The Balloonist Paperback – 6 Nov 2014
- Choose from over 13,000 locations across the UK
- Prime members get unlimited deliveries at no additional cost
- Find your preferred location and add it to your address book
- Dispatch to this address when you check out
Frequently bought together
Customers who viewed this item also viewed
Enter your mobile number or email address below and we'll send you a link to download the free Kindle App. Then you can start reading Kindle books on your smartphone, tablet, or computer - no Kindle device required.
To get the free app, enter your mobile phone number.
About the Author
James Long is the author of non-fiction, historical fiction and thrillers. A former BBC correspondent, he lives in Bristol.
Customers who bought this item also bought
There was a problem filtering reviews right now. Please try again later.
At the outbreak of war, Willy is travelling around Europe where, in Berlin, he meets Chester, an American journalist.
Anyone who has read Ferney will know that James Long is fascinated by the idea of lives that intertwine and become inextricably linked. In The Balloonist he takes the idea in a different direction and by a series of slightly improbable coincidences Willy repeatedly runs into Chester at important points in his war. Early on, Willy befriends Claude, a Belgian soldier, and their lives too become immeasurably entangled.
It's an extremely well researched book, but it wears that research lightly. Life in the trenches of the Ypres Salient is vividly recreated. The story of the balloon observers is one of the few of the period that remains largely untold. These unimaginably brave men would float, armed with only a flare, just behind the front lines directing the artillery. If the balloon came free of its moorings, the flare was to be fired into the hydrogen balloon above them to stop it falling into enemy hands. They were sitting ducks for incendiary bullets, exploding shells and aircraft attacks.
It's a ripping yarn, reminiscent of a John Buchan novel. It does end rather abruptly though - but if that means there is a sequel in the pipeline, then it's no bad thing.
Willy Fraser is a Byronic godlike Scot - much play is made over him NOT being English - who has the effortless ability to seduce colonels' wives and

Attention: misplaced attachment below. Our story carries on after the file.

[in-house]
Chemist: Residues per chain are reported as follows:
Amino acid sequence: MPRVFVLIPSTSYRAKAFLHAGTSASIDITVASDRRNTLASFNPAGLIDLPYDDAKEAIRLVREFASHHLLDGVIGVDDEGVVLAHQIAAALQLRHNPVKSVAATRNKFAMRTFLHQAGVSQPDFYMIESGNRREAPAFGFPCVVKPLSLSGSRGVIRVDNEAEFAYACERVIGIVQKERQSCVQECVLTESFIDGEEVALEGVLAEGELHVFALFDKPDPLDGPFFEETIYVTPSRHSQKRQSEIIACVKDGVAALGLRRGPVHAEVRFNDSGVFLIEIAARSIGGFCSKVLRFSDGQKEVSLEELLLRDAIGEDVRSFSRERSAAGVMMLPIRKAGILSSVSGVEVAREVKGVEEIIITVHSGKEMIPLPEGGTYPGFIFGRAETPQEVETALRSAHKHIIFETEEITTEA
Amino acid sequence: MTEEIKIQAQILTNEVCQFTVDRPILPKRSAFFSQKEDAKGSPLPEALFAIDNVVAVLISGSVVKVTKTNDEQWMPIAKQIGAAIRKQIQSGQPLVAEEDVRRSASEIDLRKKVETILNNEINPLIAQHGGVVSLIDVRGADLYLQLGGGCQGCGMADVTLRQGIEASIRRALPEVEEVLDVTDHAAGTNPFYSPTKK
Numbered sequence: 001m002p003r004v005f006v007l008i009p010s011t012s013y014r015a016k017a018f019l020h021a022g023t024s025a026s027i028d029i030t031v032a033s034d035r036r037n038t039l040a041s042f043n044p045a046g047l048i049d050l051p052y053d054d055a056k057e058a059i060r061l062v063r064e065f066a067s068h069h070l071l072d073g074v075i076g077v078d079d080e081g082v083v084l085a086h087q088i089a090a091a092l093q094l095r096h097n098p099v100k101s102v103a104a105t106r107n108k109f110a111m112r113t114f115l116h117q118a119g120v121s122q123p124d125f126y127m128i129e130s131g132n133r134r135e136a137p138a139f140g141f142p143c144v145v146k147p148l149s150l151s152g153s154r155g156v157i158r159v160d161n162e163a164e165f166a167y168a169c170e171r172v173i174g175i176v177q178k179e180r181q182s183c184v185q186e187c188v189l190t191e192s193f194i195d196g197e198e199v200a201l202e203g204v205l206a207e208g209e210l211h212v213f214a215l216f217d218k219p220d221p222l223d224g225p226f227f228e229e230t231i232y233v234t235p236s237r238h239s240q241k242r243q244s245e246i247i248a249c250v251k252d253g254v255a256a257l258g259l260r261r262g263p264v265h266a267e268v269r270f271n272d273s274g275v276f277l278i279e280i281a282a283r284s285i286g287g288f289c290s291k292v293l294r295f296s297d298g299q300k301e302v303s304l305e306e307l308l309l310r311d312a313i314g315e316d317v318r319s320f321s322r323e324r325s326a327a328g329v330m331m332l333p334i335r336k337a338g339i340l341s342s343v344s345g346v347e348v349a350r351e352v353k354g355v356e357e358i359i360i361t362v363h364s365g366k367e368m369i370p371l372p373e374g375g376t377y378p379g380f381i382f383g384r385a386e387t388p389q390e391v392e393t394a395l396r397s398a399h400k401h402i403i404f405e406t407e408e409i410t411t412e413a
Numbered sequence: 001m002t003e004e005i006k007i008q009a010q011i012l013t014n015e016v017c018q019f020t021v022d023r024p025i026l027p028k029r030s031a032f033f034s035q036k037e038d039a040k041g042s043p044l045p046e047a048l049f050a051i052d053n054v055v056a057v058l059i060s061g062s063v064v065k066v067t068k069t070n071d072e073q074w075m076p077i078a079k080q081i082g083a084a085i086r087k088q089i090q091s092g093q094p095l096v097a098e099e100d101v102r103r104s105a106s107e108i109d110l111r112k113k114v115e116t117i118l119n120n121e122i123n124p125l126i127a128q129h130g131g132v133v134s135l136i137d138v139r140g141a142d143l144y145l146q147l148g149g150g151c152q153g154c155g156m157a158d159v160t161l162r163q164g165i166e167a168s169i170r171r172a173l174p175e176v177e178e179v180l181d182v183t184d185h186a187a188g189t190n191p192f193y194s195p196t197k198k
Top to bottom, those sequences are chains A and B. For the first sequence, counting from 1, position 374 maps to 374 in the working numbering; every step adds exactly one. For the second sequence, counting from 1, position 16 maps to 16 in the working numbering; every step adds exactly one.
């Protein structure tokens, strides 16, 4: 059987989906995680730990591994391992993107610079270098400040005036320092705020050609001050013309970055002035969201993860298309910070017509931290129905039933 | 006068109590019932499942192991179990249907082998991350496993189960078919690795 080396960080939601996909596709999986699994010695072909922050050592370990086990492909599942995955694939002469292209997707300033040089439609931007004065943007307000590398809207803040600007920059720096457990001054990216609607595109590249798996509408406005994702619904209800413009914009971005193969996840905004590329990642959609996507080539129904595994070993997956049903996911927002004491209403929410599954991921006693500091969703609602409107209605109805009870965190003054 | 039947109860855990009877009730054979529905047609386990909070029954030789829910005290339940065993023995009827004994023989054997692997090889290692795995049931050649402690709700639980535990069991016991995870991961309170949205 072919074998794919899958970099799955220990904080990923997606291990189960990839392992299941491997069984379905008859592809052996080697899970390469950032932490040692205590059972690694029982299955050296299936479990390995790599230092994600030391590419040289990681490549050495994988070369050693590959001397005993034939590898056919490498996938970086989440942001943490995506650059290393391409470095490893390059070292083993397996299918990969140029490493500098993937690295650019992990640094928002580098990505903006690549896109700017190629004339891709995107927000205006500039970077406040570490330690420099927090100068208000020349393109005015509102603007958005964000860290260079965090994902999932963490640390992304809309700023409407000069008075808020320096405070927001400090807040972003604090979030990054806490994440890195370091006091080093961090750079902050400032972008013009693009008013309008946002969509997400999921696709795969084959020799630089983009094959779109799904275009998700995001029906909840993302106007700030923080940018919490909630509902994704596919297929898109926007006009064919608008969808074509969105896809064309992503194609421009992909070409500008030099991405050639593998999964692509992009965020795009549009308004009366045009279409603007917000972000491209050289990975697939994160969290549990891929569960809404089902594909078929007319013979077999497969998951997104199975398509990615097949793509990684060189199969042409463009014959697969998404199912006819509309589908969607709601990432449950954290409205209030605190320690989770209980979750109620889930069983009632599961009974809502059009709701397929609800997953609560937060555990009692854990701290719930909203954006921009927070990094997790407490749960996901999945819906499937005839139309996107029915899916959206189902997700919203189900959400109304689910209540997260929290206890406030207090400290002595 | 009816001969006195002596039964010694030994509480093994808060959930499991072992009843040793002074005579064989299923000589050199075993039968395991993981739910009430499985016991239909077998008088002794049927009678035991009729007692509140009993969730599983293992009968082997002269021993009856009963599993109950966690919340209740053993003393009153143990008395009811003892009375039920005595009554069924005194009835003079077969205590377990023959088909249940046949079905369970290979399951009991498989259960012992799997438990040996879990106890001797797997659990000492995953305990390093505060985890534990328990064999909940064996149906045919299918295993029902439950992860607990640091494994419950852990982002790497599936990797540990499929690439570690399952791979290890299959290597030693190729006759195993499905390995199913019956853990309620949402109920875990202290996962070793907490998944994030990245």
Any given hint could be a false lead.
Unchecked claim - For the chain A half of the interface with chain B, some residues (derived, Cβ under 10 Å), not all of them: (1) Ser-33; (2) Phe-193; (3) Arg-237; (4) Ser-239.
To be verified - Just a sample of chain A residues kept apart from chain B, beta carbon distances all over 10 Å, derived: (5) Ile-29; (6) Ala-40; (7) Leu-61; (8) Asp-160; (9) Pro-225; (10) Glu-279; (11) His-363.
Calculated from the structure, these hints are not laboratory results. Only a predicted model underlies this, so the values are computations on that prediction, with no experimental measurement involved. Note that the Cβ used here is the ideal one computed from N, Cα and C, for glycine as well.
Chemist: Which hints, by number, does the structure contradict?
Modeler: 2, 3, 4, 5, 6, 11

queens, as well as teach himself the trumpet and photographic-quality drawing skills at the drop of a hat, as the plot requires from time to time. By being 'more seduced than seducer', the romantic and chivalrous hero retains his virtuous good-guy status long enough to be smitten by his one true love. We are led through an entertaining if improbable series of adventures and narrowly averted disasters, moving from Berlin to the Western Front in the company of various loyal sidekicks - an American journalist, a Belgian Army captain, the King of the Belgians, an English major, an Oxford-educated good German (he plays cricket) - and meet foes like Winston Churchill.
There is clearly an inflatable sequel on the way, as the book ends not so much on a cliffhanger, but on a 'to be continued' note as Willy is America-bound. As he has the (now revealed) Scots origins of James Bond (and indeed the faithful ghillie of the last film) and the charisma of Indiana Jones, perhaps he will reach Hollywood. I for one will follow him.
The hero in question is 'Wild' Willy Fraser, a cross between James Bond, Indiana Jones and some of Buchan's creations. His story is action-packed, and if one gets a slight feeling that perhaps the author has thrown in a co-incidence too many, it's soon forgiven as Willy is plunged into yet more high jinks and derring-do. The dialogue is as delicious as a quick snifter of Glenfarcas.
The book is more than simply Biggles goes Ballooning, however. It's thoroughly researched, and the author uses his skill to bring in real figures of the time along with the fictional characters. There's some excellent atmospheric writing to be enjoyed, too, in the descriptions of the Western Front: 'the broken brown walls of farmhouses stuck out of the sodden farmland like rotten teeth.'
I felt the story dragged very slightly in the middle section, and I was rather taken aback by the abrupt ending, which leaves many questions unanswered. I do hope this means there will be a sequel. I'd love to read it, and to see the film which is surely asking to be made!